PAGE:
How Can Mastery Rival Tutoring and Close Educational Gaps Caused by the Pandemic? | Jon Bergmann | 6 Min Read

March 12, 2021

Schools closed. Remote learning. Exhausted teachers. The pandemic has had a huge impact on schools around the world. Perhaps the biggest issue we face now and going forward is the impact of learning loss and learning gaps caused by the pandemic. According to a paper by Libby Pier and others, they reached two key conclusions about the results of the pandemic on education:

  1. There has been significant learning loss in both English Language Arts (ELA) and Math, with students in earlier grades most affected.
  2. The equity impact is severe — certain student groups, especially low-income students and English language learners (ELLs), are falling behind more compared to others.

They summarized it in the graph below:

COVID-19 and the Educational Equity Crisis | PACE

The big question is how do we teach in light of the growing learning loss, especially with some of our most vulnerable students. Is there a way that we can reach students of a wide variety of ability levels in the same classroom? How can we catch students up? How can we work with such a wide range of comprehension and mastery?

Semi-Asynchronous Mastery Learning

In 2012 I co-wrote the book, Flip Your Classroom with Aaron Sams. In the second half of the book, we talked about how we merged Flipped Learning with Mastery Learning and dubbed it Flipped-Mastery Learning. Since that time, thousands of teachers worldwide have implemented the Flipped-Mastery model with great success. Though it has many iterations, the basics of it remain the same.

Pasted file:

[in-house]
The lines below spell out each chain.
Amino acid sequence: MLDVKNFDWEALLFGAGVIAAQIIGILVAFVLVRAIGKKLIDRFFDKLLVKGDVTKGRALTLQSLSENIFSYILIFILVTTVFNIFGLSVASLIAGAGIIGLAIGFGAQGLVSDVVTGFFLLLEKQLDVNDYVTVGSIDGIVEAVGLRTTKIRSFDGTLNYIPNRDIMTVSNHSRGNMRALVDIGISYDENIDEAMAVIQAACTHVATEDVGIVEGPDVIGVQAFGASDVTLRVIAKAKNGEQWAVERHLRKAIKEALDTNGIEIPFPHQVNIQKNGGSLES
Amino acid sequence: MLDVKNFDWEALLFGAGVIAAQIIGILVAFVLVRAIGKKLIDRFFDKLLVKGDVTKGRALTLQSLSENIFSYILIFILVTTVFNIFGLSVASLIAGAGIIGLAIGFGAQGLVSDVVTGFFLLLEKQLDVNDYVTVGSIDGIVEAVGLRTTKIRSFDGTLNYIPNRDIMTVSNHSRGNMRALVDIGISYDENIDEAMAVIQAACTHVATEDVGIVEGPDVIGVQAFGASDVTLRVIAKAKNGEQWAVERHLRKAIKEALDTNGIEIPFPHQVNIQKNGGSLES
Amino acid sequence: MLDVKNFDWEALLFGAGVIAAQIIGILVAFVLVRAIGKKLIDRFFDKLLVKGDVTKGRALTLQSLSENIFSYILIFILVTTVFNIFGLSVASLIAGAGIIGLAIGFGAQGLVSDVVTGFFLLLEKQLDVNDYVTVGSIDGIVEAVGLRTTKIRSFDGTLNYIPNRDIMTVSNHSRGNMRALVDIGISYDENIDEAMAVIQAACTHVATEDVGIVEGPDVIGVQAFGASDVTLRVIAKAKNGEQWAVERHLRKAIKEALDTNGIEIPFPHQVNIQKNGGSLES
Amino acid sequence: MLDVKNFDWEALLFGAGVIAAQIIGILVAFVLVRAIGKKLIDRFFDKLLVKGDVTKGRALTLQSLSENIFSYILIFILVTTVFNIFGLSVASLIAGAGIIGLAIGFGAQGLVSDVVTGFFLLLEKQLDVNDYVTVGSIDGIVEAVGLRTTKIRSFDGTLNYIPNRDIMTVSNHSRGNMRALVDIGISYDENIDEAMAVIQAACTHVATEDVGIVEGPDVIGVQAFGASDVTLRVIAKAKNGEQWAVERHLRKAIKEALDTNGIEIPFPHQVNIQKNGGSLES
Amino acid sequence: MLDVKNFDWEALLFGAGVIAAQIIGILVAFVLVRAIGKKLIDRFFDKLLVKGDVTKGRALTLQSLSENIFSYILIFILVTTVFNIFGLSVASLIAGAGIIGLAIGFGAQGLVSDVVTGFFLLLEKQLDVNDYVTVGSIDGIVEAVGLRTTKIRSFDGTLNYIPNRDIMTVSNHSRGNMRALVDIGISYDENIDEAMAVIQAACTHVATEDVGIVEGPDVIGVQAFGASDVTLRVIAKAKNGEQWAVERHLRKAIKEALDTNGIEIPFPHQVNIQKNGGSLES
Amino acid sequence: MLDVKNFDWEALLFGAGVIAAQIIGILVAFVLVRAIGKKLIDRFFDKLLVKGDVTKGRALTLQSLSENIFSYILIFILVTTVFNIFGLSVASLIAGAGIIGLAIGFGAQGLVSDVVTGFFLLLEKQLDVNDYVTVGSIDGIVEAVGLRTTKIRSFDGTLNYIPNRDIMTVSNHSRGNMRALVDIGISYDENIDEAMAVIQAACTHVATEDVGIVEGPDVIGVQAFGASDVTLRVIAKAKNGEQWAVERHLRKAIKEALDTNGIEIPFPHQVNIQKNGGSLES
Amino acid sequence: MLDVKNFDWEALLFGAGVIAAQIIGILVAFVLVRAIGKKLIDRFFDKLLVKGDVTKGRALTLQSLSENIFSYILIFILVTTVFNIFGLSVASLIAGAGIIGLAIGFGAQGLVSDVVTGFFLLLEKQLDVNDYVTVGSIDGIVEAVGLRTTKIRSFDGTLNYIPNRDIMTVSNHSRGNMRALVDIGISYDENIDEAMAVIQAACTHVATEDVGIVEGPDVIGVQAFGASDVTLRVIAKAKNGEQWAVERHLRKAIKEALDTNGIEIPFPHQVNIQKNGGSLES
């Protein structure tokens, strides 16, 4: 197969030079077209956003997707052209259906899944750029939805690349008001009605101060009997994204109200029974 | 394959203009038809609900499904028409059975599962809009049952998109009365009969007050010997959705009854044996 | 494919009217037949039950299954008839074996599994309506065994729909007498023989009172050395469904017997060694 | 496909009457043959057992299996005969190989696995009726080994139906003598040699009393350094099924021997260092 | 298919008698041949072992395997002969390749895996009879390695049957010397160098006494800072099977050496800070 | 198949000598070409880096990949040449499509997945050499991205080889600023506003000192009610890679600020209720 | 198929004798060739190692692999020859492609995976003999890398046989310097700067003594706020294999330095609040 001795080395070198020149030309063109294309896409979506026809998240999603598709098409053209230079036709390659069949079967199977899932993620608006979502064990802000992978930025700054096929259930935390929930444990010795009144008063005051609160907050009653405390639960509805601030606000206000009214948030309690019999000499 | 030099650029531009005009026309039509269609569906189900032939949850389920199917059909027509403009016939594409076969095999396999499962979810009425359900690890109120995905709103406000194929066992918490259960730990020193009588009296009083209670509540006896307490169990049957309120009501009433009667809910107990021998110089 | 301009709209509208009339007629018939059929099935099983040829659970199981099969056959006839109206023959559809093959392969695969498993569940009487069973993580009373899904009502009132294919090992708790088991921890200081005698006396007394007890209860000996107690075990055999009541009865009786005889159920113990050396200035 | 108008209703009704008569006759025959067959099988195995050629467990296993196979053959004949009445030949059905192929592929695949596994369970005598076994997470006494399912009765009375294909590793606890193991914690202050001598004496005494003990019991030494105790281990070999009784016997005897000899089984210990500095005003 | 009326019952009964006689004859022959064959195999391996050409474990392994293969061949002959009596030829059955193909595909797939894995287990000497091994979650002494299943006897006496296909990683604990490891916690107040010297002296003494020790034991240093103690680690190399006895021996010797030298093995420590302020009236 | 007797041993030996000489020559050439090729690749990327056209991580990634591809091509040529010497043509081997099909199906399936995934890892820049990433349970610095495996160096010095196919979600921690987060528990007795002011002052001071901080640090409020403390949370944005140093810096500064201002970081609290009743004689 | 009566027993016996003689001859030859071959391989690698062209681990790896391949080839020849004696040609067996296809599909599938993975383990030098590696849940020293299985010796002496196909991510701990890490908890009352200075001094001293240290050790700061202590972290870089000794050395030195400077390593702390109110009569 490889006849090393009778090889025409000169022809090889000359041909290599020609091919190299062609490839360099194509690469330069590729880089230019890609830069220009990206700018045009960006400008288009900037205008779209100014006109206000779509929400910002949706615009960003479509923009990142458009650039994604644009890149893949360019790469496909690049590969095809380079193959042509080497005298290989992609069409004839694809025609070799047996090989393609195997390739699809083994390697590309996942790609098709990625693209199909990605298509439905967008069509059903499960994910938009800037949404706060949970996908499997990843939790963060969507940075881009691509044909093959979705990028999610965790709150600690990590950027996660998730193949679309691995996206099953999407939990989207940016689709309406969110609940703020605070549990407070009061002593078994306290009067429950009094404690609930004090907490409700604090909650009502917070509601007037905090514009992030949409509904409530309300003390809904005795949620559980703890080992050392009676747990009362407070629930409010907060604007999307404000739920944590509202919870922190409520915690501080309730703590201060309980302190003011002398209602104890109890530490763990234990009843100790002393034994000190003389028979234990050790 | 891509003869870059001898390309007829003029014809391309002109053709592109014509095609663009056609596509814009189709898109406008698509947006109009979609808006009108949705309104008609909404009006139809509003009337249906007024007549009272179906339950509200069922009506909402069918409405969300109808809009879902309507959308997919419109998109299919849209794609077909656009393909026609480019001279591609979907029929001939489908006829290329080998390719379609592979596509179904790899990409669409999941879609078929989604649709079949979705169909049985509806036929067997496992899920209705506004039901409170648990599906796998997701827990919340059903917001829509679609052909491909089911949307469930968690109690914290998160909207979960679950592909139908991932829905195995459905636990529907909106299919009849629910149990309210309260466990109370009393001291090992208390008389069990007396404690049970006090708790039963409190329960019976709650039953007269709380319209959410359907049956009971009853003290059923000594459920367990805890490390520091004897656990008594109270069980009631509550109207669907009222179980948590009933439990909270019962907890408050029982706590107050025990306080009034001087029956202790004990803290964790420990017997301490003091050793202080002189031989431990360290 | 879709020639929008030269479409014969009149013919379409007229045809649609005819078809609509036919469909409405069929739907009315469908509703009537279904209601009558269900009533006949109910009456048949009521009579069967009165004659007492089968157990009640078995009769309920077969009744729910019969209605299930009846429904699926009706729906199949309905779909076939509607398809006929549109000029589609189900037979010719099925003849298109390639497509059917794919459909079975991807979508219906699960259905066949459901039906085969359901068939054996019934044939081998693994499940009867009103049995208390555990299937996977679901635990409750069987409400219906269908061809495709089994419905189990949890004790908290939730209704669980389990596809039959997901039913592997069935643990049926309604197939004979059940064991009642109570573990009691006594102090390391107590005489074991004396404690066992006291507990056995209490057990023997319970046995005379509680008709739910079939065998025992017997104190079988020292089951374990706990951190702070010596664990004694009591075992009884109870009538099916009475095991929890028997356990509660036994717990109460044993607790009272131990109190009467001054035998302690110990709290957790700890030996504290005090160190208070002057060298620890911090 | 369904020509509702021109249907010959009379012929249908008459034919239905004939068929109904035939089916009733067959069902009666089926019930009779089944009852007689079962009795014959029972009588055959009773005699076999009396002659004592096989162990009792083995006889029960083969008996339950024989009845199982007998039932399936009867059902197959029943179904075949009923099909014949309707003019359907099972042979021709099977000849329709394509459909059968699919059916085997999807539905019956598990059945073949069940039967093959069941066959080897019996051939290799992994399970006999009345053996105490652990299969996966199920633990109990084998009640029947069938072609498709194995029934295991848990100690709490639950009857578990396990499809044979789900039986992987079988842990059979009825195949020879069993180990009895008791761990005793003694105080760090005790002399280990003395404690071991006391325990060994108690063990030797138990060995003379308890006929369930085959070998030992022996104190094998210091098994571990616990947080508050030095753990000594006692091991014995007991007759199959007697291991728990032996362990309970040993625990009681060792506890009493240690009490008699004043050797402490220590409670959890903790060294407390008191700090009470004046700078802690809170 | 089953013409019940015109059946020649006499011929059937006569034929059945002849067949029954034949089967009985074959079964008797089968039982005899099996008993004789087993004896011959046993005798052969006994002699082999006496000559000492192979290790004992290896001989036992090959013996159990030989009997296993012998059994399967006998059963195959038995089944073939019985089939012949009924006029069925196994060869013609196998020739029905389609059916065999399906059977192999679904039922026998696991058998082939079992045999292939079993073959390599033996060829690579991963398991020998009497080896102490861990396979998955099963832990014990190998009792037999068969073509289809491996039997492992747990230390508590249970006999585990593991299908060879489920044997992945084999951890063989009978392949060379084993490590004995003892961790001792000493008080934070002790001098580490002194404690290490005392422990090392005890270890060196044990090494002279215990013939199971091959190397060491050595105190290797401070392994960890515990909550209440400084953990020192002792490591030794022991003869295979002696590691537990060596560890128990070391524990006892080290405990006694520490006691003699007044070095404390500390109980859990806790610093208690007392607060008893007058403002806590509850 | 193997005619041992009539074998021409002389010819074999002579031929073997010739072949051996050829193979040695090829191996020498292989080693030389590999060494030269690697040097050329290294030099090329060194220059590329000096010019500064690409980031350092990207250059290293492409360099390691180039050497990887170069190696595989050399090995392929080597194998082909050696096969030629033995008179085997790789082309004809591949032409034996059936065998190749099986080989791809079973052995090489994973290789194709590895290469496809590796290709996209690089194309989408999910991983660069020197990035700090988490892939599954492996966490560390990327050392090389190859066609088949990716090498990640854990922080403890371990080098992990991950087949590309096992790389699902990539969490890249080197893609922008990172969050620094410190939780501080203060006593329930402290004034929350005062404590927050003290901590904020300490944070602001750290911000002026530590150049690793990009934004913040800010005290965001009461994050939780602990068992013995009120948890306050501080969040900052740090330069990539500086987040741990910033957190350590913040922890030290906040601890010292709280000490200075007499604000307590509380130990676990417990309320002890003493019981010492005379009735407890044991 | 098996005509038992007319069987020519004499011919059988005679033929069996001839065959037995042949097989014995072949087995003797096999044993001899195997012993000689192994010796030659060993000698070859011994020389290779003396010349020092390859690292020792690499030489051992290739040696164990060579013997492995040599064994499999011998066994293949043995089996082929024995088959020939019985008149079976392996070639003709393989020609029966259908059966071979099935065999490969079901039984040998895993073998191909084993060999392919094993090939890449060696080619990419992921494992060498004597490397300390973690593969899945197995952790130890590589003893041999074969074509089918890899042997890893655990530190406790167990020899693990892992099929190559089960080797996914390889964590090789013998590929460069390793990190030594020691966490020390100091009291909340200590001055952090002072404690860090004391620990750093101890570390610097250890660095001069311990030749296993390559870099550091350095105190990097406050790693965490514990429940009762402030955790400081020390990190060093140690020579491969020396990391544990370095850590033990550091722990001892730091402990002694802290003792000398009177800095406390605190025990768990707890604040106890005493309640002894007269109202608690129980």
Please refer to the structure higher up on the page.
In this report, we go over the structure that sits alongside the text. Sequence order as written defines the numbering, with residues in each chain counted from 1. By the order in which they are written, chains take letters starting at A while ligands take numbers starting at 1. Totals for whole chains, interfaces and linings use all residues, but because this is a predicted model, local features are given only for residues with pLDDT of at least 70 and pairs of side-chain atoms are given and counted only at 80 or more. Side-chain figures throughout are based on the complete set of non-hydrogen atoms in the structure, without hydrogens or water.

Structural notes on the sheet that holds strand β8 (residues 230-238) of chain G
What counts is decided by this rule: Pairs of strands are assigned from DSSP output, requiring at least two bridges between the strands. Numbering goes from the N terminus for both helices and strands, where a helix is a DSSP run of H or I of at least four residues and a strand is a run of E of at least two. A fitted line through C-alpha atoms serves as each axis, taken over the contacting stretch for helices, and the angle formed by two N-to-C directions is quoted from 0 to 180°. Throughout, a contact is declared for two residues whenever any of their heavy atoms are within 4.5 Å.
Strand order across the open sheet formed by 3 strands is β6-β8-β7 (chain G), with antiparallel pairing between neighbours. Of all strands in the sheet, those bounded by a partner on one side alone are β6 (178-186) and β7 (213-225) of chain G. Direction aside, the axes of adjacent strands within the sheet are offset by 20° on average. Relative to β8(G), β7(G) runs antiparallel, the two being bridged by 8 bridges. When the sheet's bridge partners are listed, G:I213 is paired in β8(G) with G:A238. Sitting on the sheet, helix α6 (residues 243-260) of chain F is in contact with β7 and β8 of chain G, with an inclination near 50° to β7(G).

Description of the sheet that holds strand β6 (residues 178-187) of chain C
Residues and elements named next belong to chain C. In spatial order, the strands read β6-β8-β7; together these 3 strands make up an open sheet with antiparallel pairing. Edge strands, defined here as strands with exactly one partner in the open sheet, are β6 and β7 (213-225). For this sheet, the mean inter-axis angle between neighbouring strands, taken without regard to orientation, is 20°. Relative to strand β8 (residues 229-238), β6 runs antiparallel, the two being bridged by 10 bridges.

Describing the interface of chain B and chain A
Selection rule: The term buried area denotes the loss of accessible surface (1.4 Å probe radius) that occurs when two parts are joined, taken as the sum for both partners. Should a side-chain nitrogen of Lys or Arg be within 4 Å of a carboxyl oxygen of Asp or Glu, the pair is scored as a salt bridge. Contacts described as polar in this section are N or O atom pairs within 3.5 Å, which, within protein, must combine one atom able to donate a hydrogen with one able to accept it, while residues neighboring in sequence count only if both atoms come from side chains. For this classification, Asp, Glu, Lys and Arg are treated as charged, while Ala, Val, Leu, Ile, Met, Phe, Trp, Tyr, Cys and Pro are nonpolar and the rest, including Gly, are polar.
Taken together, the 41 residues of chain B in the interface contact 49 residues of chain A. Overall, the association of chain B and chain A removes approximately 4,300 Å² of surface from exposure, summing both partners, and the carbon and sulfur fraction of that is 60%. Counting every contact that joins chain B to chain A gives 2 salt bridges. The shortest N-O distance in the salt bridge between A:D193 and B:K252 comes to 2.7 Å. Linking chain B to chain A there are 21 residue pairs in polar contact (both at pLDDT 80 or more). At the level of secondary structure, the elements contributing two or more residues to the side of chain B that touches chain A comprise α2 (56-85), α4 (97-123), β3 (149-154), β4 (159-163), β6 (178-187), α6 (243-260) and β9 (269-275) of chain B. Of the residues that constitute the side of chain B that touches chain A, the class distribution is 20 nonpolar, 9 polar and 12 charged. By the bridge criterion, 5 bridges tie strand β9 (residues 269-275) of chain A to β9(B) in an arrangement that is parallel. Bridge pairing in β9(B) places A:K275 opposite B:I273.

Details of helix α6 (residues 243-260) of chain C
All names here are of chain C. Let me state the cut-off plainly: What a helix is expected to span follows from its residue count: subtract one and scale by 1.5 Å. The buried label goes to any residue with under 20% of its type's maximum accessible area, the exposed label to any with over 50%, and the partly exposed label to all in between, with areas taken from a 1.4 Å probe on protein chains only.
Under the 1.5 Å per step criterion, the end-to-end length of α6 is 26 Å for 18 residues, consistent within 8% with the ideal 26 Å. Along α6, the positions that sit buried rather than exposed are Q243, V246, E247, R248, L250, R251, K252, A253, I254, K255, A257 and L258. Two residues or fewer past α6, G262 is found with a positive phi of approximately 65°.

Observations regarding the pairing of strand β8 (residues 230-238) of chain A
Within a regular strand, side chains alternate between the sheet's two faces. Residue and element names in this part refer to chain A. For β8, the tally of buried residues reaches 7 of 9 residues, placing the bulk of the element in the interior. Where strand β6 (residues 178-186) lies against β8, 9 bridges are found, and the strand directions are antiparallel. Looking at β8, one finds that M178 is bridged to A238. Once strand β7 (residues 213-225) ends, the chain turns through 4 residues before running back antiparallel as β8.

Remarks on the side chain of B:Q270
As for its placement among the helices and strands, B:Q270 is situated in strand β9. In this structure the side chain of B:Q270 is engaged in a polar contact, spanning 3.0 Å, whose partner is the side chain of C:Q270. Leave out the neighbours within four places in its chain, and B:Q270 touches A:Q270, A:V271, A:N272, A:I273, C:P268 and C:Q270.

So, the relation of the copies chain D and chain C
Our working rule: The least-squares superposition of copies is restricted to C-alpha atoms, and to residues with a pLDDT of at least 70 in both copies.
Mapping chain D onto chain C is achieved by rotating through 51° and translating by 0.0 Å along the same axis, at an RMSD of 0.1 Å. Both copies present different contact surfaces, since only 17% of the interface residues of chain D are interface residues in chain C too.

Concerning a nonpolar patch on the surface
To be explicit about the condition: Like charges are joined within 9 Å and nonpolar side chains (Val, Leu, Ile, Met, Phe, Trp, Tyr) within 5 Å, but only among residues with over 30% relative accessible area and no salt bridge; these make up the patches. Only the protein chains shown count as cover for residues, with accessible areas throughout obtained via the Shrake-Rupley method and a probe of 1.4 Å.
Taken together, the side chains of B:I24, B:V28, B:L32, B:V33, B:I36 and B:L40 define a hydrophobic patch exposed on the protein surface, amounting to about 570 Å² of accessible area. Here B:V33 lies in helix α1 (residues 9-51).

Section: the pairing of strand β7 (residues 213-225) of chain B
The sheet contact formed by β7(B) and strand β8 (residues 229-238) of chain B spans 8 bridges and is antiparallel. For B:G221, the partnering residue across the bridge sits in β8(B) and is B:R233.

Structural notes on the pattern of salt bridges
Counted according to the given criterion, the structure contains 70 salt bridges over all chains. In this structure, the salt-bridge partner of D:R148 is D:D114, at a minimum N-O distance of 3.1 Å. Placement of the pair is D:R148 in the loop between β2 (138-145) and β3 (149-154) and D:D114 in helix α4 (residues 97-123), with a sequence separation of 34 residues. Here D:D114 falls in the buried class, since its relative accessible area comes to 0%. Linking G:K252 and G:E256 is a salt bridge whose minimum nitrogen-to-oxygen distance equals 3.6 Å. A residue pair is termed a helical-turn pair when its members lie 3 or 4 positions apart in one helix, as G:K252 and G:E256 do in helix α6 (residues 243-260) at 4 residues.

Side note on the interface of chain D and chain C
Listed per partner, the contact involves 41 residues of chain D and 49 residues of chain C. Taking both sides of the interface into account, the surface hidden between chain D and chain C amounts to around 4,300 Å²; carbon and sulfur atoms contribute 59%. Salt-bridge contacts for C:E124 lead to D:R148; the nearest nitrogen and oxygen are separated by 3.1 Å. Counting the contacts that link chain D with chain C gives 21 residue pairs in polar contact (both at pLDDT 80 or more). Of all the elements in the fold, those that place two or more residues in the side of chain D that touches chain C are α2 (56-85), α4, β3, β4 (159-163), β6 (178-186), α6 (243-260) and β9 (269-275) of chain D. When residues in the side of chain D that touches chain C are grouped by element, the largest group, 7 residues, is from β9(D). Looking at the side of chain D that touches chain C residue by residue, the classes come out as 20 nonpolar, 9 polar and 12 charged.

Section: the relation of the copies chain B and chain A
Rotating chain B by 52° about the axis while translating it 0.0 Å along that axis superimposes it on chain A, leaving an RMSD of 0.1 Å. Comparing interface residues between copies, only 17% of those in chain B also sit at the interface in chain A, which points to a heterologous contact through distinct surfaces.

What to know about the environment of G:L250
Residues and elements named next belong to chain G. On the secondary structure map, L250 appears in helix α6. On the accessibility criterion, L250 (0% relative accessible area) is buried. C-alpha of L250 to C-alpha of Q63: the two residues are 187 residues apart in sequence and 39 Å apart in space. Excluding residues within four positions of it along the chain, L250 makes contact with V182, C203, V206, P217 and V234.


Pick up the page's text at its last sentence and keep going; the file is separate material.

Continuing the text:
• Students move through the curriculum at a flexible pace, and at the end of each unit of study, they are assessed. 
  • If they have mastered the curriculum, then they can move on to the next topic. 
  • If not, they don’t move on. For those students who don’t demonstrate mastery, they get remediation and then retake the summative assessment. They do this until mastery. 

Mastery Learning isn’t a new concept. Doctors have to pass the Board Exam, lawyers the Bar Exam, and most of us took a driver’s test. All of these are examples of mastery learning. But how can the average teacher implement this when they teach 30 students per class and six classes a day?  What overwhelms most isn’t the concept of mastery; it is the logistics of implementing it on a day-by-day basis.  


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Jon Bergmann

Jon Bergmann is one of the pioneers of the Flipped Class Movement. Jon is leading the worldwide adoption of flipped learning by working with governments, schools, corporations, and education non-profits. Jon is coordinating or guiding flipped learning initiatives around the globe including China, Taiwan, Korea, Australia, Singapore, Thailand, the Middle East, Iceland, Sweden, Norway, the United Kingdom, Italy, Spain, Mexico, Canada, South America, and the United States. Jon is the author of 10 books including the bestselling book: Flip Your Classroom which has been translated into 10 languages. He has been an educator since 1986. He has served as a middle and high school science teacher, the lead technology facilitator for a school district in the Chicago suburbs, as well as a consultant/public speaker. He currently is teaching science and leading staff development at Houston Christian High School.